THE WALL WENT UP in August of 1961 and a few months later in Berlin, during that cold winter, perhaps the coldest winter of the cold war, the Americans, the British and the West Germans became extremely interested in those who could make it with ease through Checkpoint Charlie.

One who crossed back and forth between East and West with both ease and some regularity was David Plummer, an illusionless American employed by a British firm to sell lubricants to the East Germans. Plummer is one of the two principal protagonists in W. T. Tyler's superb novel, The Man Who Lost The War .

Superb is an adjective that should be used with extreme caution, if at all, but I'll hang it on the pseudonymous Tyler's first novel because he has written a spy tale with fine characterization, almost faultless dialogue, a cumming, twisting plot, and a remarkable, nearly total sense and recollection of both time and place.

Plummer is an ex-CIA agent, pushing 40, who once worked out of Prague and Vienna until an accident cost him both his job and his love, the latter a cool, rather dim, impossibly nice British beauty whom he again encounters in Berlin where "she treats him like an old friend, an elderly uncle returned from the antipodes after a long absence."

On a routine business trip to Rostock in East Germany, Plummer is approached by Strekov, a KGB agent who doesn't for a minute believe that Plummer is no longer with the CIA. Strekov is in Rostock because of a defected British radio technician who accidentally has discovered the true identity of a highly placed double agent in Britain's M16 whose code name is Solo. On Moscow's orders, the British technician is killed.

Strekov puzzles yet fascinates Plummer. Strekov's face has a quality to it htat repels him. "It was a face," Plummer decides (in a passage that the publisher insists on misquoting on the back of the jacket), "that seemed to deny the human element, that expressed a sort of isolation that in banishing doubt or uncertainty, banished everything else as well. It was a look assumed by most searchers after truth or absolutes, the vacuum that infinity leaves behind when it terrorizes the temporal world. Some priests had it; so did most anarchists; so did men left too long at sea in open boats."

Eventually, Strekov begins passing information to Plummer in East Berlin. It is vital information concerning Soviet missiles. Plummer hesitantly turns it over to the CIA, but the CIA is greedy. It wants more. And it also wants to control Strekov because it suspects that through him it can finally trap Solo, the double agent the KGB has planted in the upper reaches of British intelligence. What puzzles the CIA, however, is why Strekov is passing the information. He asks for nothing in return, neither money nor sanctuary.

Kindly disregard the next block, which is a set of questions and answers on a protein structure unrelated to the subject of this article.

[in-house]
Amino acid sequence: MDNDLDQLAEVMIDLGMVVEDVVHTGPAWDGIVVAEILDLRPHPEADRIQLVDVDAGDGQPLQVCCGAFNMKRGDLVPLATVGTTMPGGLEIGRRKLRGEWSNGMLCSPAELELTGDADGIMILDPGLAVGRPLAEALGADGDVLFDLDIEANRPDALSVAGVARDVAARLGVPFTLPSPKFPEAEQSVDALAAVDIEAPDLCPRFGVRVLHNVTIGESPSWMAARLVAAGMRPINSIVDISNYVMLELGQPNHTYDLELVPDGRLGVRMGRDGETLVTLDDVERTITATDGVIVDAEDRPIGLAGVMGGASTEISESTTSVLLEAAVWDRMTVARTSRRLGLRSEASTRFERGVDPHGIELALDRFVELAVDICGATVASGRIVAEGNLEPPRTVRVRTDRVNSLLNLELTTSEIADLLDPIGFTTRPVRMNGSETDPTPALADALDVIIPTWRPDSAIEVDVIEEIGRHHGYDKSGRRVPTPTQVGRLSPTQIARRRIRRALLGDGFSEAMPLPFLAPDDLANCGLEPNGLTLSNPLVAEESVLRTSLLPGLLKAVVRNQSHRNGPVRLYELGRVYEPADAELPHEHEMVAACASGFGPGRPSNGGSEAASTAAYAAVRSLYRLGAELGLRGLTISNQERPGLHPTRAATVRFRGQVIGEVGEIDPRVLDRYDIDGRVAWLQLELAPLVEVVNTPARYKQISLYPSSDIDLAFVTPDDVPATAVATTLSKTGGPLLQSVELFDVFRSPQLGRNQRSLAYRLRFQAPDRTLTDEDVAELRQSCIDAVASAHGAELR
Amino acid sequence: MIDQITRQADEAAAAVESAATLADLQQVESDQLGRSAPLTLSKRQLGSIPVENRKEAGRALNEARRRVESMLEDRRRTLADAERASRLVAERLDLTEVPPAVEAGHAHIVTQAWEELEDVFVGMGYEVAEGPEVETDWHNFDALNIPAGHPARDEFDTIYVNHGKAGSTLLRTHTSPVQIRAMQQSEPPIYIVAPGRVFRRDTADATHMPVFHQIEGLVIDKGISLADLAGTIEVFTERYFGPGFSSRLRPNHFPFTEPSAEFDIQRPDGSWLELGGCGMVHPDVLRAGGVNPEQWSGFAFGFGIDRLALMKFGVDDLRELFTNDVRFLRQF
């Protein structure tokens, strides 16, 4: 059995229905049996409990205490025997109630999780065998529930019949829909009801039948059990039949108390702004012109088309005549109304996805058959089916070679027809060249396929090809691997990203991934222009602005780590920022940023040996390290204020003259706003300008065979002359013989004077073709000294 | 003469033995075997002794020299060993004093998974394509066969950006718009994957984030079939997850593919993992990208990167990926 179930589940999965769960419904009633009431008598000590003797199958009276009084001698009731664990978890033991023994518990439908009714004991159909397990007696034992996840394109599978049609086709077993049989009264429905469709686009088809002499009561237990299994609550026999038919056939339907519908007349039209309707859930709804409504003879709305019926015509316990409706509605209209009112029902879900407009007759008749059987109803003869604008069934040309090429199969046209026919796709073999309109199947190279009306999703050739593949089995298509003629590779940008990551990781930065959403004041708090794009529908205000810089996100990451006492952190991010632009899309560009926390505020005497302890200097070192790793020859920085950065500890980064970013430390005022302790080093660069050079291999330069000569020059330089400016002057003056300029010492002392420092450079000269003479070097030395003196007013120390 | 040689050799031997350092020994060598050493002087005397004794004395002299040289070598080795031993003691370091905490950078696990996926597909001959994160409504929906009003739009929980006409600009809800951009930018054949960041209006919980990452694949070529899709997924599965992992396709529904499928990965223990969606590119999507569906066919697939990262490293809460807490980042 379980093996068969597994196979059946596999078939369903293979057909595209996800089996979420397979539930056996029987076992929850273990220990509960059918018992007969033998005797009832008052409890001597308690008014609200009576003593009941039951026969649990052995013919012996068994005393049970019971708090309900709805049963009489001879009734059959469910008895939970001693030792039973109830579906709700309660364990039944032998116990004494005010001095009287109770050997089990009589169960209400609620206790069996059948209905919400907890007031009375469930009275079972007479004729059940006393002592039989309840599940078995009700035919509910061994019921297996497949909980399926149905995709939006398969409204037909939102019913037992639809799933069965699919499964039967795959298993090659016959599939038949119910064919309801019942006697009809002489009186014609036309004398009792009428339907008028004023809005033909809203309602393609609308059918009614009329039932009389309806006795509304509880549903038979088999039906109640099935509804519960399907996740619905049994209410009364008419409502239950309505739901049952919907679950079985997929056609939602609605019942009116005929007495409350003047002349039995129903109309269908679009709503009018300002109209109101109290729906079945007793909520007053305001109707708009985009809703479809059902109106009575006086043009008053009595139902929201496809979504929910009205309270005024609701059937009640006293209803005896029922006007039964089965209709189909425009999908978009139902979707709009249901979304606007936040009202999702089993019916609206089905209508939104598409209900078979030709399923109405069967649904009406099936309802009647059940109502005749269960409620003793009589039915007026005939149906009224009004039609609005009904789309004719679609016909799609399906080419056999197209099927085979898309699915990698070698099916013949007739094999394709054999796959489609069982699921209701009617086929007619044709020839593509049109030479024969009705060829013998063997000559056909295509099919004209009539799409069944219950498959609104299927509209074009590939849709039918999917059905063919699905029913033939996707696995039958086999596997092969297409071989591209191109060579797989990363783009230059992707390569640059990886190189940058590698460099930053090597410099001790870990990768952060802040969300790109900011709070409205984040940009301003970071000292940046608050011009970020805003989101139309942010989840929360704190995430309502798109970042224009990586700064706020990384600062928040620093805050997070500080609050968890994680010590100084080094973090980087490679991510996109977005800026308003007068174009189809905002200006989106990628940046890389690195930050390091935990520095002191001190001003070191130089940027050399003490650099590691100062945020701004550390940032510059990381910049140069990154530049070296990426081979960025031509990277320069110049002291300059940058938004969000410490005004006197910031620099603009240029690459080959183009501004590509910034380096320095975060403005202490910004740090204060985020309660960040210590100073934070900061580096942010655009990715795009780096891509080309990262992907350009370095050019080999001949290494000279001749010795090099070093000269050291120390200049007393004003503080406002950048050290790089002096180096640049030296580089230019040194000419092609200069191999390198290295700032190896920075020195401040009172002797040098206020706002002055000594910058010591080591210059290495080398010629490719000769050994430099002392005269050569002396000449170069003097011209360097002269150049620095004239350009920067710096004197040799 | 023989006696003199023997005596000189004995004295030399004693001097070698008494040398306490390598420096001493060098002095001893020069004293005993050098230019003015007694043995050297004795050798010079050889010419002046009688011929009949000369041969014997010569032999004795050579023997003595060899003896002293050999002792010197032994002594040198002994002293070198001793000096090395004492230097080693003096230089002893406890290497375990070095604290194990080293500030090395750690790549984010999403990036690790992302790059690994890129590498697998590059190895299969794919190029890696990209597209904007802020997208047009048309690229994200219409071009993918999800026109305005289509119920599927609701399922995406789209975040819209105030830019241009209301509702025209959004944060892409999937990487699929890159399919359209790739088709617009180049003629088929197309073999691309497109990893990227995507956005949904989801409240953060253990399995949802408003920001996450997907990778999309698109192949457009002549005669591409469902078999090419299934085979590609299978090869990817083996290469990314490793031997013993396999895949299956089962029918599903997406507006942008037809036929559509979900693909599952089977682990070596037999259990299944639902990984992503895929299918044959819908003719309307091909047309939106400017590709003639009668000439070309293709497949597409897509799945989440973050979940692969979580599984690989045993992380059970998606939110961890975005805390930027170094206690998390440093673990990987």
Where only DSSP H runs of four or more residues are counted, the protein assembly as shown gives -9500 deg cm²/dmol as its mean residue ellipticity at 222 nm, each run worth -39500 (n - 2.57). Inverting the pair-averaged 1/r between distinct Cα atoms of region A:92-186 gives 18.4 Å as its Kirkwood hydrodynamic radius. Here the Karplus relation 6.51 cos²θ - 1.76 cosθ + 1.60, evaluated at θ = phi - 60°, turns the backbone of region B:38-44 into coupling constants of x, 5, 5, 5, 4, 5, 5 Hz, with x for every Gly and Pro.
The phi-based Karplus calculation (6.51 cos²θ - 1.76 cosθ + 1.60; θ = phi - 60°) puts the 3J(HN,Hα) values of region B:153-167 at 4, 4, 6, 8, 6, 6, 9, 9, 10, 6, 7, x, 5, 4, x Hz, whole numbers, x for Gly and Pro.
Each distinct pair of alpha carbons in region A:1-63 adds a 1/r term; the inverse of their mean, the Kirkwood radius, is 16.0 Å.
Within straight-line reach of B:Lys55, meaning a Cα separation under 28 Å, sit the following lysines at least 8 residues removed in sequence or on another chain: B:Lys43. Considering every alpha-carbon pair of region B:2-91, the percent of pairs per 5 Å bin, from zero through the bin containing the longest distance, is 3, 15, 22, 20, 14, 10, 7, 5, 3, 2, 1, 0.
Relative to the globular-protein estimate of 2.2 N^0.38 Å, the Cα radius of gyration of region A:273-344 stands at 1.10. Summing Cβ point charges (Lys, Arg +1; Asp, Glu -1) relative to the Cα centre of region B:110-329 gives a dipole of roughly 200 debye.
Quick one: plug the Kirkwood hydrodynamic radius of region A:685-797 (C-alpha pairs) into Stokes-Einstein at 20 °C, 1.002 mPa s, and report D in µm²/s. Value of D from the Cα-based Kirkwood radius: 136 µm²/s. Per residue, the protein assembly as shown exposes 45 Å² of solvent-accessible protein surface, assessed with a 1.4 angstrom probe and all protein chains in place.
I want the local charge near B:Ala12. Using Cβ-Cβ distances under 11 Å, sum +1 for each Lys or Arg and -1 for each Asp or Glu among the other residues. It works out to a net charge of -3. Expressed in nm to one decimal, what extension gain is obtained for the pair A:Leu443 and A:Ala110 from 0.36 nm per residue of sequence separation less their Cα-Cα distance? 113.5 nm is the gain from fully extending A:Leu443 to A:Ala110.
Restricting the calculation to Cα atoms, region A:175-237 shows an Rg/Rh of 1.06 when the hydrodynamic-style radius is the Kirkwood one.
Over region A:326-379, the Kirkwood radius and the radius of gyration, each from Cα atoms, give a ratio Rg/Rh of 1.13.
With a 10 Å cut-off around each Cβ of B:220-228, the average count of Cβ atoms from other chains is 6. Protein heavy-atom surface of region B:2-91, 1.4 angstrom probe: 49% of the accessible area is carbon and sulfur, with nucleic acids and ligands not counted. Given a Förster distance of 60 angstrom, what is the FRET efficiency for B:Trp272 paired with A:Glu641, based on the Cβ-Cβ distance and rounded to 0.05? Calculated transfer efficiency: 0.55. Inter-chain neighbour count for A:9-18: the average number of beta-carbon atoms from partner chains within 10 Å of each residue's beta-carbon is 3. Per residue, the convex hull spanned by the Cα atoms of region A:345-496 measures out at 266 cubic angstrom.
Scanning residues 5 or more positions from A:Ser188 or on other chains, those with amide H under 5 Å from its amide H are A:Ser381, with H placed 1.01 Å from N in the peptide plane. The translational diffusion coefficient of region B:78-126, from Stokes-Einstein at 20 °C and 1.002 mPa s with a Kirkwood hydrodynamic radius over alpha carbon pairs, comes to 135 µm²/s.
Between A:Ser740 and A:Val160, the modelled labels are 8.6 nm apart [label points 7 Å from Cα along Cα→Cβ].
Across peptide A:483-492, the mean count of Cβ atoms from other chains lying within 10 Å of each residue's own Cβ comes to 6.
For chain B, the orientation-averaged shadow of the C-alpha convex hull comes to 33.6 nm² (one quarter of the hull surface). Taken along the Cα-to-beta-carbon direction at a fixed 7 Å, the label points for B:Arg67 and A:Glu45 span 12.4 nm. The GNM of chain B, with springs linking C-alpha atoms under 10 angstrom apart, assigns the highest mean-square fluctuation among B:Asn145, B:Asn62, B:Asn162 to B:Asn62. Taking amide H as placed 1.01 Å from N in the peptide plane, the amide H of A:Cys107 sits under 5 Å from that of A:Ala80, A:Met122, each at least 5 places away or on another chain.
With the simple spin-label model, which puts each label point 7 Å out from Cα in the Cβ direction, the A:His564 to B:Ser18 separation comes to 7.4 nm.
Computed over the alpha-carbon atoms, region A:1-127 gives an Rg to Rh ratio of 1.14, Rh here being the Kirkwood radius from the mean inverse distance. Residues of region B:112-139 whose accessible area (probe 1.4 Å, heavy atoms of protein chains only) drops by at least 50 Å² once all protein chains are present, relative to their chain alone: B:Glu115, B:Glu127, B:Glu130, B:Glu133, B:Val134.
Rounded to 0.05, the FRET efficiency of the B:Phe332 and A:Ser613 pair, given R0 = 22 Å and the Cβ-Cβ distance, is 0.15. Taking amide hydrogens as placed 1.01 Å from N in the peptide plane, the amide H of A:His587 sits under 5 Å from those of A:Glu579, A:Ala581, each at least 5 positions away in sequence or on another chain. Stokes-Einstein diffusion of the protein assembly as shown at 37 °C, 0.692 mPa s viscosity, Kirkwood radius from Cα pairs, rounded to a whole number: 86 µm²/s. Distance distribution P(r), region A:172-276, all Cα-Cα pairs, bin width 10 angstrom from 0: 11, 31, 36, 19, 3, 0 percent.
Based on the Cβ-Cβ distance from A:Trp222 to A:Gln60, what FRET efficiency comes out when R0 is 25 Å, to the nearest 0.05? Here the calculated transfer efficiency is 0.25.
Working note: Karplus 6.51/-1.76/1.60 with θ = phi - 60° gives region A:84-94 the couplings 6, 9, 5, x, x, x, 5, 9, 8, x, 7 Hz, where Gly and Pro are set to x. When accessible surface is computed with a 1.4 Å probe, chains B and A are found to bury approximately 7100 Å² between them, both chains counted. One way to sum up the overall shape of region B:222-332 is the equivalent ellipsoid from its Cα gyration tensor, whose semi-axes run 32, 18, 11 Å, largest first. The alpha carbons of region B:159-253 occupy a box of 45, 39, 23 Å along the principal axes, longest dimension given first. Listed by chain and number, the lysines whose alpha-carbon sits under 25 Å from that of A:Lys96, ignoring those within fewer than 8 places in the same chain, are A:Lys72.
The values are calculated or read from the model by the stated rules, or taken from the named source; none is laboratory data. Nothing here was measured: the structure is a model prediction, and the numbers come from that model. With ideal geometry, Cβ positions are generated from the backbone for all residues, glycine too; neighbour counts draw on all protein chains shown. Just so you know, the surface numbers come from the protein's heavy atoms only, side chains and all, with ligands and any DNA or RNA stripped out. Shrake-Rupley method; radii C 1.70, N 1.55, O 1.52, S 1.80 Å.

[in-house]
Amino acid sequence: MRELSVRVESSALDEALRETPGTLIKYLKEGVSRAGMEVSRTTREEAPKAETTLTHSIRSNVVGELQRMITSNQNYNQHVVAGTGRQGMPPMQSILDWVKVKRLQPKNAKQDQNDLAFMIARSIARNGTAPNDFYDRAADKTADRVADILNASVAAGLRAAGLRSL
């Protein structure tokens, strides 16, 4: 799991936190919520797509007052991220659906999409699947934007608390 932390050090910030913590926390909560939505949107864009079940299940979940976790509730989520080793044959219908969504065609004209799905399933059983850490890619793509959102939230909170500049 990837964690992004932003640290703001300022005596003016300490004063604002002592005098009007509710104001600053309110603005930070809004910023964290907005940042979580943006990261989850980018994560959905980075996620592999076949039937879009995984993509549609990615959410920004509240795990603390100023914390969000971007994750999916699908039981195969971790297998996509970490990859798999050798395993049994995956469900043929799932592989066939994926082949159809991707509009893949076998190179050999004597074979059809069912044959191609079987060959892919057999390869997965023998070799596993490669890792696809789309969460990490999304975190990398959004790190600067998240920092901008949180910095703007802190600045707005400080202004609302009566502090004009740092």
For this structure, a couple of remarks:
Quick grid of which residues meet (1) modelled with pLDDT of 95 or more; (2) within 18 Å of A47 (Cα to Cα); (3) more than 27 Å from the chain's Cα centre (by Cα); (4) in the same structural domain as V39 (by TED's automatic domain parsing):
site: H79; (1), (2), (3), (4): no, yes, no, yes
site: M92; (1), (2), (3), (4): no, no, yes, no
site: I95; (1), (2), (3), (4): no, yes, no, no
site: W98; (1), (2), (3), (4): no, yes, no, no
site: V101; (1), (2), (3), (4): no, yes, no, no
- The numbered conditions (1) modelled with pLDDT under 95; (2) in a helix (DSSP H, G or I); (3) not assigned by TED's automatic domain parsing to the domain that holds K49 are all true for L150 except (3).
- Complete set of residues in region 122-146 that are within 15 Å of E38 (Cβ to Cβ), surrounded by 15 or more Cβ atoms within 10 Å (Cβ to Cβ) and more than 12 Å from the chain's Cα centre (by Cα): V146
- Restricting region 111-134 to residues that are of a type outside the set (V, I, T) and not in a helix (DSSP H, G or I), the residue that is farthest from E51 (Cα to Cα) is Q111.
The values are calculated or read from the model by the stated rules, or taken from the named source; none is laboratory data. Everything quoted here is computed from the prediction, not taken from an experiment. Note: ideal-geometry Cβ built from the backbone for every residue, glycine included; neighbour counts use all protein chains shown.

When the CIA insists that Plummer bring Strekov out of East Berlin, Plummer snaps: "What are you trying to do? . . . What the hell's on your mild? Run him until he is no good anymore, bring him over, debrief him, find out whether the urge is suicidal or just manic-depressive because he hasn't been promoted in ten years? What are you going to do, wind him up, send him back in and let the crows take the rest?"

Tyler smoothly peels back one layer of deception after another until at last all is revealed and all is resolved. And if there are no winners, only losers, Tyler seems to feel that that is pretty much what the spy business is all about.

The British spies for once come off no better than the Americans. During the war, Tyler tells us, they had killed "Germans, Italians, Greeks, Albanians, and Yugoslavs as efficiently as the snipe, blackgame, and golden plover" they later hunted in Northumberland.

"They had all done the same things during the war," he writes, "a war without moral limit, which had claimed their consciences, their promise, and their youth . . . In disappearing one by one back into the world of British intelligence, they had rediscovered themselves in a war in which moral absolutes had vanished once again. It was the only world they knew."

The book takes its title from a piece of doggerel that Plummer notices in an East Berlin coffeehouse. A picture of an American battle unit entering East Berlin has been tacked up and under it is written:

I never learned his name;

We never knew his corps;

Dead in the Neisse that day;

The Man Who Lost the War.

Tyler's novel is an extremely well-written, sardonic romance about the spy business as it was nearly 20 years ago. It is also a long but by no means leisurely book, and one to be savored.

Another first novel is James J. Nordhoff's Eastwind/Westwind . While written with competence and even a certain amount of flair, its plot has been just a bit too wildly devised.

The president of the United States gets a mysterious phone call that tells him he has 10 days in which to nuke the Russians and make it look as though the Chinese did it. Otherwise, half of the population of San Francisco's bay area will be wiped out.

To make sure the president doesn't think that this is just some nut on the line, the caller has already blown up a high performance government plane and patched himself into the president's private phone, a technical feat that is supposedly impossible.

There are five persons in the Oval Office when the call comes through and only they can stop the impending disaster. The death of a longtime American agent in Vienna soon leads some of the federal sleuths back to the Nazis in the last days of World War II. The Nazis, of course, just might have discovered the wherewithal to make good the threat against the bay area.

Suffice it to say, half of San Francisco'spopulation doesn't get zapped, but it's a close call -- close enough to keep the suspense going right until the last page. The president almost has his finger on the button when the whole thing is resolved. Another Nordhoff tell us the president is politically unpopular. It's not at all hard to understand why.